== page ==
New CDC Data Show Alarming Increase in Shellfish-borne Vibrio Infections
New data released by the Centers for Disease Control and Prevention show mixed results for government agencies tasked with controlling foodborne illness. Reported cases of food poisoning are mostly holding steady, according to CDC, and at rates that do not meet government standards for protecting public health. Additionally, new rapid diagnostic tests may create hurdles for CDC to identify outbreaks in the future.
"It is critically important that CDC develop a plan to address the increasing use of diagnostic tests that don't use lab cultures," said CSPI food safety director Caroline Smith DeWaal. "Otherwise the trend of declining reporting of outbreaks may continue—not because fewer people are getting sick, but because state health departments and CDC cannot track the outbreaks."
The biggest increases in illnesses reported by CDC involved Vibrio bacteria, which live in ocean waters where they can contaminate shellfish, which when eaten raw or undercooked can cause potentially life-threatening infections in people.
"While the Food and Drug Administration and the shellfish industry have relied for decades on consumers to heed periodic warnings and consumer advisories, CDC's data show beyond a shadow of a doubt that these efforts are not working," said CSPI senior food safety attorney David Plunkett. "The real tragedy is that for years the shellfish industry has fought off steps to protect their customers. These illnesses can be reduced or eliminated through strategic closures of harvest waters and pasteurization of shellfish harvested during periods of high risk. Unfortunately, state regulators in harvesting states like Louisiana and Texas and the politically potent shellfish industry continue to collaborate through the Interstate Shellfish Sanitation Conference to block FDA from mandating meaningful preventive measures."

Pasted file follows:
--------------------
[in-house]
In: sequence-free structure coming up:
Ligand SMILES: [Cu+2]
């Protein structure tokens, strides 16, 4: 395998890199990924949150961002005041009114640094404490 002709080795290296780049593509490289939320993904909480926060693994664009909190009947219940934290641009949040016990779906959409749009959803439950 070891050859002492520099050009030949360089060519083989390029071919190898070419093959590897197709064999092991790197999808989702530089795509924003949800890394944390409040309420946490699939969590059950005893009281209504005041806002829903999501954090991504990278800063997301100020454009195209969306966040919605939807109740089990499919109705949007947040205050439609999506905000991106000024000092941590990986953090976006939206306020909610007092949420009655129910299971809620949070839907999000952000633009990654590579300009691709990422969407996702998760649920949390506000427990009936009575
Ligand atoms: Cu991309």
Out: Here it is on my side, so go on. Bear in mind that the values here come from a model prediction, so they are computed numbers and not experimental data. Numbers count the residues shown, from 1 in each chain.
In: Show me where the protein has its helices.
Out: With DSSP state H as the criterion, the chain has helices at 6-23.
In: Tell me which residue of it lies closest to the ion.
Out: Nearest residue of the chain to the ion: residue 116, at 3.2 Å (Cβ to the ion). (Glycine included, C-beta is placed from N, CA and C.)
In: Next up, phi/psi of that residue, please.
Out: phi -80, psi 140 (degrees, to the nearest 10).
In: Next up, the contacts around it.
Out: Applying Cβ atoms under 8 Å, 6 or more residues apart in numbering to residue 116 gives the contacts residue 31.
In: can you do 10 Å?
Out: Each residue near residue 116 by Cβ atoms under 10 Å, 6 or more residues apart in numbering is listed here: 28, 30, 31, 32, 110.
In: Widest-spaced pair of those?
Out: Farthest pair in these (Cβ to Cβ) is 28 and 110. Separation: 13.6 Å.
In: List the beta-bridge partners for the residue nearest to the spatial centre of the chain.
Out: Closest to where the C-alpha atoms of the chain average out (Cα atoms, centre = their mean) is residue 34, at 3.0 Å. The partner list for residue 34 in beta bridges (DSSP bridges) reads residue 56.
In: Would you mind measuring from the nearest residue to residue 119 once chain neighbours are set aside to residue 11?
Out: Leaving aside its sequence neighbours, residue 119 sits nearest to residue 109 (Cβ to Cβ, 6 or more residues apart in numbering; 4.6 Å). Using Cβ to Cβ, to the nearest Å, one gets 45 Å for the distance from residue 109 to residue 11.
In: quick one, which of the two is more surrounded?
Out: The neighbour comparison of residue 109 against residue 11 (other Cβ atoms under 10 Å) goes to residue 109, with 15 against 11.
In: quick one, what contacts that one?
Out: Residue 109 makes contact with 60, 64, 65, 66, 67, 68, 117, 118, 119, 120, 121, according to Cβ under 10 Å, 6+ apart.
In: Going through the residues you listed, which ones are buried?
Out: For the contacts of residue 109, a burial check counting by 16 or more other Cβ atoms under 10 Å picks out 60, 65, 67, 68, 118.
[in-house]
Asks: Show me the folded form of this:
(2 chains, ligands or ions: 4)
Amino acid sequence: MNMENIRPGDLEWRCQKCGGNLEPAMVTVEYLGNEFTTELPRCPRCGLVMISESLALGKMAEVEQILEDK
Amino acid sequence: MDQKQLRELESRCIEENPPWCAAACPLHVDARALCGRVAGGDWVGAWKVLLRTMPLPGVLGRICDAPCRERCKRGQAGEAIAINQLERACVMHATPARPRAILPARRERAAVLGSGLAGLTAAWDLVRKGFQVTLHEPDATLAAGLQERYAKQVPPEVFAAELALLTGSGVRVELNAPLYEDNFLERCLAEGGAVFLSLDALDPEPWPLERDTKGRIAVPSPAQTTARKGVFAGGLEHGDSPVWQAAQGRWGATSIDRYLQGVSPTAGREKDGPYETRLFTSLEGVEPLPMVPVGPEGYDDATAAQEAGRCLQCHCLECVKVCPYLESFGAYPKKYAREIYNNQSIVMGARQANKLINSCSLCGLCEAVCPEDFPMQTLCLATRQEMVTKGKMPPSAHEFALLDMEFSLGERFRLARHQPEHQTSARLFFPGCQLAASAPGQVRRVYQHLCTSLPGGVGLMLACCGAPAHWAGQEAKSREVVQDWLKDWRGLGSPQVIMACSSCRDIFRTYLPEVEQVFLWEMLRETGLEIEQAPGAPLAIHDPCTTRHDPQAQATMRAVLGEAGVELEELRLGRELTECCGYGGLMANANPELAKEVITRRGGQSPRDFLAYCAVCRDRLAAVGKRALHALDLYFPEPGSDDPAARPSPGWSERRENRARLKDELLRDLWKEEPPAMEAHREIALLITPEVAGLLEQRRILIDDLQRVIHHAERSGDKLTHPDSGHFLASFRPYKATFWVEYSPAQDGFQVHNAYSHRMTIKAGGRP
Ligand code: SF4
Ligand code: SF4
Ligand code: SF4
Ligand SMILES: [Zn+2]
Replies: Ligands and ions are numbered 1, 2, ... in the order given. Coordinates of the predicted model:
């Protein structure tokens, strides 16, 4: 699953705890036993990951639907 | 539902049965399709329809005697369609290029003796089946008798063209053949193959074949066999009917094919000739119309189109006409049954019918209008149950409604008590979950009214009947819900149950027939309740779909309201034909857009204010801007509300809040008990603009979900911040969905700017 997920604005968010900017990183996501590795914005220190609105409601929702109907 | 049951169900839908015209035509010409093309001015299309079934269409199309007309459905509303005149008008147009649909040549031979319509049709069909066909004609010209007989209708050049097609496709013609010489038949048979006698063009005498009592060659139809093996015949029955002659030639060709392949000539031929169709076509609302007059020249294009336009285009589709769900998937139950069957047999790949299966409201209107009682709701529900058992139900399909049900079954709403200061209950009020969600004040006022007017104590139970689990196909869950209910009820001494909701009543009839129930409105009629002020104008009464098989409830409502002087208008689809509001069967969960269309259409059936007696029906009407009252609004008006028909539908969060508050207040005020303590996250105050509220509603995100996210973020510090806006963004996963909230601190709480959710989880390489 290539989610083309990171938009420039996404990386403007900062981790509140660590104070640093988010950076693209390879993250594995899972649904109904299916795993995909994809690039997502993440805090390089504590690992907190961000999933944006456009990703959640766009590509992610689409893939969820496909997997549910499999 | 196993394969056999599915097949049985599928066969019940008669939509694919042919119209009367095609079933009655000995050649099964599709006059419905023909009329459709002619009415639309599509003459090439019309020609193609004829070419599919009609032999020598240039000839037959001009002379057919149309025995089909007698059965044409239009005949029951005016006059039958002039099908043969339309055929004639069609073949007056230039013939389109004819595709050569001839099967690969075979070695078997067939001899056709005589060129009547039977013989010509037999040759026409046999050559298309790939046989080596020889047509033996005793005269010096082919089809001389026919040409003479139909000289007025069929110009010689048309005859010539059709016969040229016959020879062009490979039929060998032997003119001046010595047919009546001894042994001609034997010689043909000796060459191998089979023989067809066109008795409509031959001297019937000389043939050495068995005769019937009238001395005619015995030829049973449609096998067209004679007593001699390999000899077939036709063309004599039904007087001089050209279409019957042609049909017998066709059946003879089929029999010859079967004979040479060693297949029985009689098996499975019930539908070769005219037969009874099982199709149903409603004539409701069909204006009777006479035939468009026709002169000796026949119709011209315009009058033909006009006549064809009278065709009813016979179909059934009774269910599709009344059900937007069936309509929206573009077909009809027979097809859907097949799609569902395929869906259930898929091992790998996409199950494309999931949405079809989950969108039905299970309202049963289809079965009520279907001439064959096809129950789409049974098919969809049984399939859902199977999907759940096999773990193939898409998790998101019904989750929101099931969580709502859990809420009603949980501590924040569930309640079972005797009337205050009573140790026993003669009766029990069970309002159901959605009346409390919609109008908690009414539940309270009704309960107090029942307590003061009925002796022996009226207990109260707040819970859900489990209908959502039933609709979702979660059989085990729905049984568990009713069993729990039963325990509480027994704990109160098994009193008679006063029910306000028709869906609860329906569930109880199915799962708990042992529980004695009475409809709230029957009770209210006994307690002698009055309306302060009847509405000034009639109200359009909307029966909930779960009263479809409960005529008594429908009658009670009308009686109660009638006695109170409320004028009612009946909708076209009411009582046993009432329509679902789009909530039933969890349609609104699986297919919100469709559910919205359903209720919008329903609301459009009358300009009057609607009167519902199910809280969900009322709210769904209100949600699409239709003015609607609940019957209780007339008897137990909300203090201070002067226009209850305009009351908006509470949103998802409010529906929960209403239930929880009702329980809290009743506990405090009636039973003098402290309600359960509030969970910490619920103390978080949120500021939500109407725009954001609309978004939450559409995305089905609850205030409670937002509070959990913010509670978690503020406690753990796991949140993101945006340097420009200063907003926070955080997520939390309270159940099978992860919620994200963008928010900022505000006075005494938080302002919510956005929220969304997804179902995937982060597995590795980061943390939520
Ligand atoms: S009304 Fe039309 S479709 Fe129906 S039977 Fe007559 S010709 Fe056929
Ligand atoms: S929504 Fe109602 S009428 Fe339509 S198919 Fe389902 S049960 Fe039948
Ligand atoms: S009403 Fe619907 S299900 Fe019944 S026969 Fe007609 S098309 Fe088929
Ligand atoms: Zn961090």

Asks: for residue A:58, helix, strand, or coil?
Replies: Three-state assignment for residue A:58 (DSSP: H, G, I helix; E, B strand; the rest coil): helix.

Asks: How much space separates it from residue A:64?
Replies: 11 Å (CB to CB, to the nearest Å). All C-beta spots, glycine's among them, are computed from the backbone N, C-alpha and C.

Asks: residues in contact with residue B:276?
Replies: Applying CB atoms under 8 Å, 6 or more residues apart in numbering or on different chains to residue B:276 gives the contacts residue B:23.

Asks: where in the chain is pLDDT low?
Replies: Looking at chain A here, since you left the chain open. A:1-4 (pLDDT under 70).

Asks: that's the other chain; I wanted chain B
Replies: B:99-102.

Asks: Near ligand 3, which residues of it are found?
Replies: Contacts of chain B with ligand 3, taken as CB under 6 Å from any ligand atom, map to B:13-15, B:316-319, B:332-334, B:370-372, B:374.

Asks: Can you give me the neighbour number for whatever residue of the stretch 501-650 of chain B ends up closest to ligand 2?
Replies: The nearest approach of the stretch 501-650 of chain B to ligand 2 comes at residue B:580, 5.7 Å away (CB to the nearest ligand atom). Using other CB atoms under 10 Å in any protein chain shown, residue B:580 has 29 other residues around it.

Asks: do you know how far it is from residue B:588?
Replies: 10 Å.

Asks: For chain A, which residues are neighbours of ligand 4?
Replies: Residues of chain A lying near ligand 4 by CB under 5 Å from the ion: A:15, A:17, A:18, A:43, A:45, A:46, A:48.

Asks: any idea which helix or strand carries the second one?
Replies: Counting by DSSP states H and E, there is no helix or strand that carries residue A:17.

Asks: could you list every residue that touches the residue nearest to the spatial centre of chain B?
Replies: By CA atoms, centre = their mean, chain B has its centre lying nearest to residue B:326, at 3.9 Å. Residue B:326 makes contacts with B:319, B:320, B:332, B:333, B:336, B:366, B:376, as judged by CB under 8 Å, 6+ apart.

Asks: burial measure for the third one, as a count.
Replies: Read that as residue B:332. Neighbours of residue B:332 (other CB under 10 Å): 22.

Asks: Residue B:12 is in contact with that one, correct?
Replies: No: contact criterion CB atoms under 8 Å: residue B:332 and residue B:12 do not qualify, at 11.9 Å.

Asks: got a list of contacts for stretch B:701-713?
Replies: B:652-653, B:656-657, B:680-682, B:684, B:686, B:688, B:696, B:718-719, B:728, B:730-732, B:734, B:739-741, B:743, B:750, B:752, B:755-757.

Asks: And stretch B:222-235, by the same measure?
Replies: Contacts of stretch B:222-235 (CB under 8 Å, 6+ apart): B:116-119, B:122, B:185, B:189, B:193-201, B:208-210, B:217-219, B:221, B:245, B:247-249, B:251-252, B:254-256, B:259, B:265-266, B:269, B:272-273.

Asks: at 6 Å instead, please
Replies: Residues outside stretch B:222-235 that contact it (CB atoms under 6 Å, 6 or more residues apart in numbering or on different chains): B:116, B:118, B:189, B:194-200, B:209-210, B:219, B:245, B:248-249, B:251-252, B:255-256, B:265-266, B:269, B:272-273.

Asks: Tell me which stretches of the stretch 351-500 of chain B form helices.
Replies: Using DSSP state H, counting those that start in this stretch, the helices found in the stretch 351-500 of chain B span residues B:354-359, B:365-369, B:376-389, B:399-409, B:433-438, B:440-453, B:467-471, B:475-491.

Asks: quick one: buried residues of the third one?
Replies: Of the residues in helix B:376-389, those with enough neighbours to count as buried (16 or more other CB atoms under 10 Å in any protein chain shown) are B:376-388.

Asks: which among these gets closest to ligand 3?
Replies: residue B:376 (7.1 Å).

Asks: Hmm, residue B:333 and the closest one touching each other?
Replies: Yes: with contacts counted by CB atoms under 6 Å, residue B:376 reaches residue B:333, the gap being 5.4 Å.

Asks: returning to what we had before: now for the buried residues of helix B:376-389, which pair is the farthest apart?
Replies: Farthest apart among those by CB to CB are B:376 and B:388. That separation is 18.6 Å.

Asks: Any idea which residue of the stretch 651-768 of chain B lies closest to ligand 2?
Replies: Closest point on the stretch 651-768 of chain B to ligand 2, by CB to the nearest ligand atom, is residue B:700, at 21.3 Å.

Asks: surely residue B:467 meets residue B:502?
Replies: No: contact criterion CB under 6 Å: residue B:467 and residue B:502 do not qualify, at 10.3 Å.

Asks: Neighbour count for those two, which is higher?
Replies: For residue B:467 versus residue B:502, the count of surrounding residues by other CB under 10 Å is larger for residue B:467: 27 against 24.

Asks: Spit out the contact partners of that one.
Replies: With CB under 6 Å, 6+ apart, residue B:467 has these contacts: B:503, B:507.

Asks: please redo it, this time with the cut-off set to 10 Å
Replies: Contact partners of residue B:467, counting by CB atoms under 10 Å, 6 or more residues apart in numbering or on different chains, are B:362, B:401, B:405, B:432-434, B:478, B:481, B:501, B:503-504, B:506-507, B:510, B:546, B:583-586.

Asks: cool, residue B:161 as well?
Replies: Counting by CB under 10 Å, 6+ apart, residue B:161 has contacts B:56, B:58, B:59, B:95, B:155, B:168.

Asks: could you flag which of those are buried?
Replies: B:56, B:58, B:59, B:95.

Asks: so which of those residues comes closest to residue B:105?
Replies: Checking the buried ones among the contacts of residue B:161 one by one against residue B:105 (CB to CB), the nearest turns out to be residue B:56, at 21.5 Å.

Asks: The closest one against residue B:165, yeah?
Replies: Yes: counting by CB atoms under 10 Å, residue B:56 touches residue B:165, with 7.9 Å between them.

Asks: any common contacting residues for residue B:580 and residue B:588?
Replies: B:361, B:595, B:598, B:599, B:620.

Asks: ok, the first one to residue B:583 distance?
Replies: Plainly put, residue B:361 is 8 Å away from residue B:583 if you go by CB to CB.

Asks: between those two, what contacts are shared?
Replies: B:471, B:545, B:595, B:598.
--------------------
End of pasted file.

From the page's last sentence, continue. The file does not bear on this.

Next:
CSPI says that the riskiest shellfish are harvested during the summer months when the waters are warmest, and that consumers should avoid eating raw oysters and clams during these months. People with liver disease, AIDS, hemochromatosis, or a compromised immune system should avoid eating raw shellfish at all times.
CSPI publishes an annual Outbreak Alert! report which also tracks trends in outbreak reporting.
Contact Jeff Cronin (jcronin[at]cspinet.org) or Ariana Stone (astone[at]cspinet.org).